"No!" Dick gasped. He gasped alright, but that was the only sound he made. He shook his head again, and he reached over his shoulder, grasping one of Damian's hands and pulling it until it released him. Then Dick took two of his fingers, pressing them to his neck just below his jaw. He watched Damian's eyes go wide at the feeling of a pulse.

"Oh," the boy breathed. Dick brought Damian's fingers to his own neck, watching his eyes flash even wider. "Oh."

Dick smiled brightly, and he nodded eagerly. Damian looked too shocked to register it. So Dick scooped him up again, spinning around. He walked toward the manor with a lofty heart, and he could feel Damian adjusting his head to rest on Dick's should. He watched his own grave grow smaller and smaller until the darkness swallowed it.

"Damian," he repeated, feeling the need to beat his head into a wall. He felt disgusted with himself.

He was told his name was Jason Todd.

Jason had trouble remembering that.

"Todd," said the little boy. He looked nervous, his eyes flashing around the dark cave anxiously. He looked as Jason felt, utterly lost and imbalanced, teetering on the edge of terrified and disoriented.

Jason looked up at Dick, who was still holding the kid's hand. He had not let go since arriving. "We're all brothers?" Jason asked slowly. Dick smiled, and he nodded. "But he was dead?" Dick's smile fell, and he nodded again. The old butler had disappeared soon after Damian and Dick had shown up. "But now he's alive?"

Damian looked at Jason with narrowed eyes. He craned his neck up at Dick, and he scowled. Jason could see it was all a front. "Grayson, what's wrong with him?"

Dick opened his mouth, and then he shut it. He smiled weakly, and gestured at Jason. Then he tapped his temple, and he shrugged, looking sheepish and awkward. Damian looked down at his feet, which were bare beneath the tattered shroud.

"I'm…" Jason scratched his head, and he groaned, rocking back and forth. "I'm an amnesiac."

The boy looked at him blankly. For a few moments, Jason thought he would laugh in his face, but he seemed to be uncertain, and confused. He looked up at Dick again. "Is he serious?"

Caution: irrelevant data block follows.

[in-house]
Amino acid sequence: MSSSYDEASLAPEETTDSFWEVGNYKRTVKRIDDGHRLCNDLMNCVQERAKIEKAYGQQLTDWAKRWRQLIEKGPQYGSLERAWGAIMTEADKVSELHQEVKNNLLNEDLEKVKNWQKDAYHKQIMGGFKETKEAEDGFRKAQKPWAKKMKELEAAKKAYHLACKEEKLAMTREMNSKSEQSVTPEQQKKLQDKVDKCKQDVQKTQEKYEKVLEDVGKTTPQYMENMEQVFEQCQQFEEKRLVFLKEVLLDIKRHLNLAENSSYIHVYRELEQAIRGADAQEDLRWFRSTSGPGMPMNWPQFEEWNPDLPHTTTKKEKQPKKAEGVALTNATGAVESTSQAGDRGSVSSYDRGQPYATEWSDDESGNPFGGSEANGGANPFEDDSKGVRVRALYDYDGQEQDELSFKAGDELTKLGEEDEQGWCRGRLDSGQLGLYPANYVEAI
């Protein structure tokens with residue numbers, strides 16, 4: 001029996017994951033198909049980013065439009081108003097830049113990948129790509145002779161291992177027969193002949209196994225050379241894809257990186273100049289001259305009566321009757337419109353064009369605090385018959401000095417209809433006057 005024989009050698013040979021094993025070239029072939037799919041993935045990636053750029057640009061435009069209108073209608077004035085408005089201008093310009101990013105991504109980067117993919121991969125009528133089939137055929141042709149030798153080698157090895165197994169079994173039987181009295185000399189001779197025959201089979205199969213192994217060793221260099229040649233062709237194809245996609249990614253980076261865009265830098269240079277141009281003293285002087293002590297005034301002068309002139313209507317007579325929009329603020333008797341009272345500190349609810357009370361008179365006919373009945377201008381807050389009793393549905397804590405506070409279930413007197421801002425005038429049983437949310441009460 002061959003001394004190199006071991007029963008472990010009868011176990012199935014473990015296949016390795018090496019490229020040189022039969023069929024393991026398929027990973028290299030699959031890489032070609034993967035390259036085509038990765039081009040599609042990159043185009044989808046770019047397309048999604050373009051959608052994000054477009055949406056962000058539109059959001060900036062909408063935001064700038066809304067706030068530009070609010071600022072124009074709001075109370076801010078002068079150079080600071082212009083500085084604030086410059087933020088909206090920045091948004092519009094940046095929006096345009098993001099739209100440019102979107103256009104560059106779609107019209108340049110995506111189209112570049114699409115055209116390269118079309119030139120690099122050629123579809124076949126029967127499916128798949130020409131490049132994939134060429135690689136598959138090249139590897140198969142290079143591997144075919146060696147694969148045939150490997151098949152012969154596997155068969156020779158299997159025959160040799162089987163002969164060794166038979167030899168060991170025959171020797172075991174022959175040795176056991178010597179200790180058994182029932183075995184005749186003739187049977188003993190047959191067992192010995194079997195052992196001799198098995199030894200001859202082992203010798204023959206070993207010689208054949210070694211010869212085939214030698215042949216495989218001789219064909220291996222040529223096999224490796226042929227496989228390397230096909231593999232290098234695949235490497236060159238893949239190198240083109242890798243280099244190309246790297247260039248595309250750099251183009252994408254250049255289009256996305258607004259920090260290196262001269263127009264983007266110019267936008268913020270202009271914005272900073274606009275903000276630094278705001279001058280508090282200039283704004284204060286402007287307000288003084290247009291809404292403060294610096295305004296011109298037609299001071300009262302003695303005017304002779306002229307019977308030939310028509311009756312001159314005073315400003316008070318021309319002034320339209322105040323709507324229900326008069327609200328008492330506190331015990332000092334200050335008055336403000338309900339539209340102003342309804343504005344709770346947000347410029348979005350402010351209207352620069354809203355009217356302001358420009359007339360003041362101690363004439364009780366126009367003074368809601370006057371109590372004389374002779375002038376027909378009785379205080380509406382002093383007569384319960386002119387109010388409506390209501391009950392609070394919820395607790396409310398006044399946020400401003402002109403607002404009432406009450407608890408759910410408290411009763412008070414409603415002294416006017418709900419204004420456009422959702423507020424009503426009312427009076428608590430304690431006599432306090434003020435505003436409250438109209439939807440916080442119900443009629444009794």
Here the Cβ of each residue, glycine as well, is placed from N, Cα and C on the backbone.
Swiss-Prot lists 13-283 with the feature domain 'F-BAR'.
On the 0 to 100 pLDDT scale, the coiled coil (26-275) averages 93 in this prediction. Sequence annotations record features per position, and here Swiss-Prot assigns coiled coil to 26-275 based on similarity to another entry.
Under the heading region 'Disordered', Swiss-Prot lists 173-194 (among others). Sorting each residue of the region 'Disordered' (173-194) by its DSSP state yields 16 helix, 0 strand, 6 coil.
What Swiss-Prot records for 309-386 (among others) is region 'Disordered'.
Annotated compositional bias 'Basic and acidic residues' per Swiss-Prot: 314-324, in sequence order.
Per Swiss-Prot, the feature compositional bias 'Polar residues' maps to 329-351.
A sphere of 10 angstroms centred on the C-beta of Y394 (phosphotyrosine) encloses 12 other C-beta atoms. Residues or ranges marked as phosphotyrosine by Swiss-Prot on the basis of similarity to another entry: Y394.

Dick nodded.

Damian looked at Jason, and then he turned away, his face burying into Dick's side. Jason could see him shaking. He felt bad, but confused as well. He had no idea how to handle any of this. He missed Kori and Roy, at least they explained things.

The sound of the butler returning was accompanied by the sound of paws scratching against the floor. Jason blinked as the great big bear of a dog he'd seen moping around earlier came bounding forward, tongue lolling from its mouth as it jumped, nearly taking Damian down as it licked his face. Dick had steadied the boy though, and to Jason's surprise, the sad child had laughed.

"Titus!" he gasped, twisting away from the slobbery tongue. "Titus, sit!"

The dog obeyed, but its tail was clapping against the floor faster than a heartbeat, wagging excitedly. Dick looked as though he was laughing, but it was soundless.

"Dog," Jason observed. He reached over, and patted it on the head. "We have a dog?"

"I have a dog," Damian said, his voice vacant. "You have Roy Harper."

Jason blinked, and he looked up at Dick, who appeared to only be laughing harder. "Uh, okay," he said leaning back. "Fair enough. Do I have to stay here?"

Dick nodded, and Jason puffed out his cheeks indignantly. "This sucks," Jason sighed. "I don't even know you."

Dick rolled his eyes, giving Jason a flick on the ear. "Ow!" Jason gasped, scooting away from the duo. "Ow? Okay, I don't like you. Take me back to the mama and papa Red, please, they don't hurt me."

"You are insufferable," Damian said dully. "Even without your memories."

"Excuse me!" Jason turned in his seat to the old butler. "I'm being bullied by an eight year old, shouldn't there be like, a law against this, or something?"

"He is eleven, sir," the butler said, smiling fondly at them. "And no, there is not."

"Well," Jason said, rising to his feet. "Y'all suck. I'm leaving."

"Master Jason, I must insist—"

The dog began to bark suddenly, and Jason spun around as a dark car came rolling to a stop a few yards away. Jason saw Damian lean into Dick' his body going rigid. It was only then that Jason realized the child had pulled his hood up, bowing his head low, as if he wanted to fade out of existence.

"Whoa," Jason whistled, his eyes scanning the car. It was sleek, and though his mind lacked to correct words to describe its parts, he knew it was a nice car. Do I like cars? Is this a thing? No one is any help around here. "Nice… wheels."

The cave was real quiet as Bruce— Dad? Why was no one clear about this…?— exited the car in a swooping fashion. His cape folded around him, a great monstrosity of black fabric, and Jason thought he looked like a giant penguin with pointy ears. He stopped for a moment, looking at the five of them (did the dog count?) with a glare that made Jason unnerved. This family is really weird.

"Dick," Bruce said, his voice hard. "What is going on?"

Dick opened his mouth, and then he closed it. He shook his head, and he looked desperately at Jason, and then Alfred, and then finally at Damian. He took a deep breath, and looked back up at Bruce. He shook his head again, and kept shaking it. That seemed to bother Bruce.

"What is it?" Bruce's eyes narrowed, and Jason took a step back, his eyes flashing around the room. "What's happened?" He looked down, and his eyes fell on Damian. Jason watched his lips pull into a suspicious scowl.

Jason opened his mouth to speak, but Dick threw him such a dirty look, Jason found himself at a loss for words. So he just sat back down, and began to pet the dog again. Dick pressed his lips together, and he used the hand not wrapped tightly around Damian's to begin gesticulating. Jason watched blankly, confused and tired. This was all too much to take in.